Leicestershire-based Molinarius Games has a water focus. So how does its Ocean Pods board game measure up for our duo
Is it fun?
The game has a simple drafting mechanic where each turn you roll several dice that have various resources on their faces (fish, krill, crab, seal and octopus) one of which you may collect. You can then, if you have the right resources in hand, conduct research and collect one of the marine animals at play. Here is where the tactics come into play. Firstly, the resources on the dice have different levels of scarcity which need to be balanced by what your fellow marine biologists have been collecting and the marine animals in play. The use of the research boat is a nice strategic element that prevents marine animals from the environment the boat is in from being collected. Each turn the player who gets the first pick of the resources rotates. What adds a challenge and makes this game semi-cooperative is the buildup of plastic pollution which requires some degree of sharing (or double-crossing!) or everyone could lose the game.
What is Ocean Pods?
In Ocean Pods, you assume the role of a marine biologist undertaking various research projects on the ocean’s mammals. In each game you take on a new research project, like a commission, to find a ‘unicorn of the sea’ – a challenge to collect a narwhal. The challenges offer you a range of bonus points if successfully completed in the game. As the game proceeds, you travel through four different ocean environments (deep, costal, cold and tropical) in which you must carefully draft and use your resources to collect the various mammals on offer. You do have to be vigilant though! There is plastic in the ocean which threatens the very marine life you are observing. You must balance the needs of your personal research to work together with other marine biologists to protect the oceans.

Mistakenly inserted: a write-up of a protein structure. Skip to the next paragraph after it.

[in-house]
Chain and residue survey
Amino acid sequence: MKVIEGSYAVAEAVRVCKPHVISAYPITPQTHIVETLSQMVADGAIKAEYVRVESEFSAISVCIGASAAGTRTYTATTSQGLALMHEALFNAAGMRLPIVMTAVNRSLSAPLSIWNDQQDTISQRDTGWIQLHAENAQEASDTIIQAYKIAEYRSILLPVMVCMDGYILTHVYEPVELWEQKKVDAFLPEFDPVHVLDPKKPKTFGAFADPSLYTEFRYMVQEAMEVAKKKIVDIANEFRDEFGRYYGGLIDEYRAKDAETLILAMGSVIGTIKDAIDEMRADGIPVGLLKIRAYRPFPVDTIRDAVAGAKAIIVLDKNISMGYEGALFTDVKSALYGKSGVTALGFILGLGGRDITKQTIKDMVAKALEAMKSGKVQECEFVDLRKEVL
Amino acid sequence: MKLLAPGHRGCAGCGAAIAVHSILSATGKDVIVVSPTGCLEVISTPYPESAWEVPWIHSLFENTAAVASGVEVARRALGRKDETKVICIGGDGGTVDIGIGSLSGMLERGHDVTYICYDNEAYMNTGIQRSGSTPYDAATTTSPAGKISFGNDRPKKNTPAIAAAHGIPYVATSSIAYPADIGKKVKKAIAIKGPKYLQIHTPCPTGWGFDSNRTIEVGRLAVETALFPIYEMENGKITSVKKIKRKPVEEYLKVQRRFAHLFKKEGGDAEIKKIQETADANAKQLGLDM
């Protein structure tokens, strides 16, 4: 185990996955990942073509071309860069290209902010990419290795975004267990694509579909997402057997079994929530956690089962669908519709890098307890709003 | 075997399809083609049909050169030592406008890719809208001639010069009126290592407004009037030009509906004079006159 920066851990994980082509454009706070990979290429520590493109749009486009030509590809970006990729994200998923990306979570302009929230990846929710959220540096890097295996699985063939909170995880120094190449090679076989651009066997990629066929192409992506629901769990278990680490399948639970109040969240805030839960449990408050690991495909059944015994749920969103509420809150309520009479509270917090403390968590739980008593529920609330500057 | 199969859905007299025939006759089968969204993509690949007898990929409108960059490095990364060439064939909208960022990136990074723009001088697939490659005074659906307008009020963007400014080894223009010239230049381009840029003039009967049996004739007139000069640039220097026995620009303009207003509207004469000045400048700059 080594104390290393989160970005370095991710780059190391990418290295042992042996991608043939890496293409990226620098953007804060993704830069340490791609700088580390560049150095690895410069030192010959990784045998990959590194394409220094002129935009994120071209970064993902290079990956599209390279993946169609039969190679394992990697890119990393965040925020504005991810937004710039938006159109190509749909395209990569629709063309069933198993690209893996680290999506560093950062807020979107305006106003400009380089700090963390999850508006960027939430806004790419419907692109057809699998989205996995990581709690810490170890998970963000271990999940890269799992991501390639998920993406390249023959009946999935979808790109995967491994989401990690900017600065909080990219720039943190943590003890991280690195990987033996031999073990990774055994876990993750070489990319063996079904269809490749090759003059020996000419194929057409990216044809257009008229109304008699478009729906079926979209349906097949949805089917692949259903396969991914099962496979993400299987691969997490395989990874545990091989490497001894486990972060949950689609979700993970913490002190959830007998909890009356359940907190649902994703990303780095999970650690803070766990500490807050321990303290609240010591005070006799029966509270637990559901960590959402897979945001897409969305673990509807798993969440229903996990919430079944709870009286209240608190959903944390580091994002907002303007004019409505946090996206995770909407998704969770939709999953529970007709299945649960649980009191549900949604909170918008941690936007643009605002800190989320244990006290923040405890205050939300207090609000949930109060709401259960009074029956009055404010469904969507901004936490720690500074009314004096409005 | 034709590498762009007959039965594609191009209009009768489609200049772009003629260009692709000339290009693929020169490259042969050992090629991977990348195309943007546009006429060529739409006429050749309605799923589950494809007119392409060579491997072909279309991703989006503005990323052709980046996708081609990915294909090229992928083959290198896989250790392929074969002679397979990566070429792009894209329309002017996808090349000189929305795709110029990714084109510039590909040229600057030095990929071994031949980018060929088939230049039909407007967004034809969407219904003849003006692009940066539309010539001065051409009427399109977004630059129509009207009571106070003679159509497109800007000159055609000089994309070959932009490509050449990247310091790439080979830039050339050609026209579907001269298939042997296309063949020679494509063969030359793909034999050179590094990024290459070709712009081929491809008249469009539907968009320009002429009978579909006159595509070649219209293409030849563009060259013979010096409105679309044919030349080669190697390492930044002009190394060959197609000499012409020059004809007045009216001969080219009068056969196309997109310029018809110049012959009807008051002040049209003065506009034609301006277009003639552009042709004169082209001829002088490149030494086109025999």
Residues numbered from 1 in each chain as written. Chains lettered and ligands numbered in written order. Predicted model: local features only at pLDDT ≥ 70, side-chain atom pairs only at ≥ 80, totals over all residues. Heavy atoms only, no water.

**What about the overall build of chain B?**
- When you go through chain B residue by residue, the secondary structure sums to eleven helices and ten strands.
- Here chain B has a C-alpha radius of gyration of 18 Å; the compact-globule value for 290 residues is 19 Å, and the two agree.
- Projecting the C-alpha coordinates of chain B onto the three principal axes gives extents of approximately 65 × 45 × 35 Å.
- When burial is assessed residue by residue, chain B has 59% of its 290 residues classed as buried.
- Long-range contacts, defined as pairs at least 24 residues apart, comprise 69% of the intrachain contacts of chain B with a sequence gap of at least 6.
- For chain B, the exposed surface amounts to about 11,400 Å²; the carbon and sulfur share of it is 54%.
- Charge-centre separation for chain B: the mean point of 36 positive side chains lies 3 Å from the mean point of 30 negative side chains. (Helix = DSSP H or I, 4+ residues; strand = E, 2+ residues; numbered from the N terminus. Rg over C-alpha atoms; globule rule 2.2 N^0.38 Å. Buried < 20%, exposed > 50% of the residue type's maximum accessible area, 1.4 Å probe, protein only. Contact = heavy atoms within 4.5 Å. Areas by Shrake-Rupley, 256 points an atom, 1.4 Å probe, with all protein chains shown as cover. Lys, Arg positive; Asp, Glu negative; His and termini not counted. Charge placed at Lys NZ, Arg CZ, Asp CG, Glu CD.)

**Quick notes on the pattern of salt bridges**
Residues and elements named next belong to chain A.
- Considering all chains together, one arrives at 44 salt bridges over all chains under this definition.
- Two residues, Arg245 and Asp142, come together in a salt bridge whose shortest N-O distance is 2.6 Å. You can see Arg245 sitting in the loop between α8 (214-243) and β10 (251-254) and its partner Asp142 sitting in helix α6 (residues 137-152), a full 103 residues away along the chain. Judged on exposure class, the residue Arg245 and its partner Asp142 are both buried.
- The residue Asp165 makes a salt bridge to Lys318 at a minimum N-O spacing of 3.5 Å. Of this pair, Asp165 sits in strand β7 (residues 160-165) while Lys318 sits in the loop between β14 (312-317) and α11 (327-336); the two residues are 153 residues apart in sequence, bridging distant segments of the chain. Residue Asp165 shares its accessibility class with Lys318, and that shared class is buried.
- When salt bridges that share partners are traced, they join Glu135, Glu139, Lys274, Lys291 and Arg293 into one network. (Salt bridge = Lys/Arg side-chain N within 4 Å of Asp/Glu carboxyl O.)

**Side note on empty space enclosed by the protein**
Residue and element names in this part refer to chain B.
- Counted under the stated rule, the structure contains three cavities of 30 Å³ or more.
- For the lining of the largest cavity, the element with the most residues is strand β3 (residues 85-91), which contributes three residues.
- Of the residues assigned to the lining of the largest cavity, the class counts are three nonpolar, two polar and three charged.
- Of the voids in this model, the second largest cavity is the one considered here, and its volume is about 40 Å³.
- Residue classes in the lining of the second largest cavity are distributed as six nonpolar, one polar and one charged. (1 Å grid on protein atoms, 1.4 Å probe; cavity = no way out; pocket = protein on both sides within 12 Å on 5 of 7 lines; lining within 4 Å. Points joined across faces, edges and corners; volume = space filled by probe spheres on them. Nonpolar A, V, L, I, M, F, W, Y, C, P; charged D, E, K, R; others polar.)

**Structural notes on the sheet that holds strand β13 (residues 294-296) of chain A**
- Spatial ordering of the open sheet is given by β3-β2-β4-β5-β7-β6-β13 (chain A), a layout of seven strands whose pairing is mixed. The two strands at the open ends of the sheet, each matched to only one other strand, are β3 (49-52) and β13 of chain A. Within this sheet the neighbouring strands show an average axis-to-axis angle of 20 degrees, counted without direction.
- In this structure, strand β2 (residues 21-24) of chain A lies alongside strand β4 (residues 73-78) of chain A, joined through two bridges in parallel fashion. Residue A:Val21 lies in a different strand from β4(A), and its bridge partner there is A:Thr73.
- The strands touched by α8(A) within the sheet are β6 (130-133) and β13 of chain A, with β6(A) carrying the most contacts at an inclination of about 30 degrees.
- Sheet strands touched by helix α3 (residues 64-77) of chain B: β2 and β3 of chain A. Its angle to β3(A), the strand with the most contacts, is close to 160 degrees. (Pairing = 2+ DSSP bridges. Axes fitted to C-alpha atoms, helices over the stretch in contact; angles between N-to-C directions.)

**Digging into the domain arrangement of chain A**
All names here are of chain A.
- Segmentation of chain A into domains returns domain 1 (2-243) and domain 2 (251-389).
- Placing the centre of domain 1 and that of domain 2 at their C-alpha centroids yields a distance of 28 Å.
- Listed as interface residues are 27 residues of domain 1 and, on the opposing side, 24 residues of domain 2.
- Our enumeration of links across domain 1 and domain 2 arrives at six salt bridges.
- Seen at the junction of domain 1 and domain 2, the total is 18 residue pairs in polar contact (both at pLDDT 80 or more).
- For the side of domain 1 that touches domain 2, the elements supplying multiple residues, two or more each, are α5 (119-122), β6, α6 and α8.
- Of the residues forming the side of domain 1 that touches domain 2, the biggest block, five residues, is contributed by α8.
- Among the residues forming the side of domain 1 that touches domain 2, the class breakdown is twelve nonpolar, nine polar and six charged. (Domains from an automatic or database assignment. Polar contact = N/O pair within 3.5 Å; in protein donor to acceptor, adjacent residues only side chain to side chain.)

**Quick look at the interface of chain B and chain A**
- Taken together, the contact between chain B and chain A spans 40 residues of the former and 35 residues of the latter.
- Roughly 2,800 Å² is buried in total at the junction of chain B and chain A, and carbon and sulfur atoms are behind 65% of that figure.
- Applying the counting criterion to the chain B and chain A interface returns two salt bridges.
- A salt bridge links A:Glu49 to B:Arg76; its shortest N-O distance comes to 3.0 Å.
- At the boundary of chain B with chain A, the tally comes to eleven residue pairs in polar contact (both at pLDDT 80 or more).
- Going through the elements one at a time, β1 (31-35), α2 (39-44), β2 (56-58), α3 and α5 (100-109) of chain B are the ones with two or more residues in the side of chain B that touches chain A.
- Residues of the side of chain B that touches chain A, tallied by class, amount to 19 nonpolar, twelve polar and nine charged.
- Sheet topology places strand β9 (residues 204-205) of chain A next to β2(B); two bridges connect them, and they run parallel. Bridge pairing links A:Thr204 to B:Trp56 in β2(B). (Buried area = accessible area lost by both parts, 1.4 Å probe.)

Is it educational?
The spirit of the game is based on marine biology research and the game has a range of different marine mammals as the subjects. The game revolves around resources which are linked to some common dietary components of the game, but the direct relation is not that clear. In a way the game’s simple message of the need to work together to preserve the beauty of the oceans is the most effective one and a valuable point to make.
A simple and quick to play drafting game that has a nice theme and various elements of strategic depth to keep players of all ages happy. The balance of pursuing your own interest while having to work together is a fun one and keeps everyone on their toes!
Dr Louise Robinson is Lecturer in Forensic Biology and Dr Ian Turner an Associate Professor in Learning and Teaching, both work at the University of Derby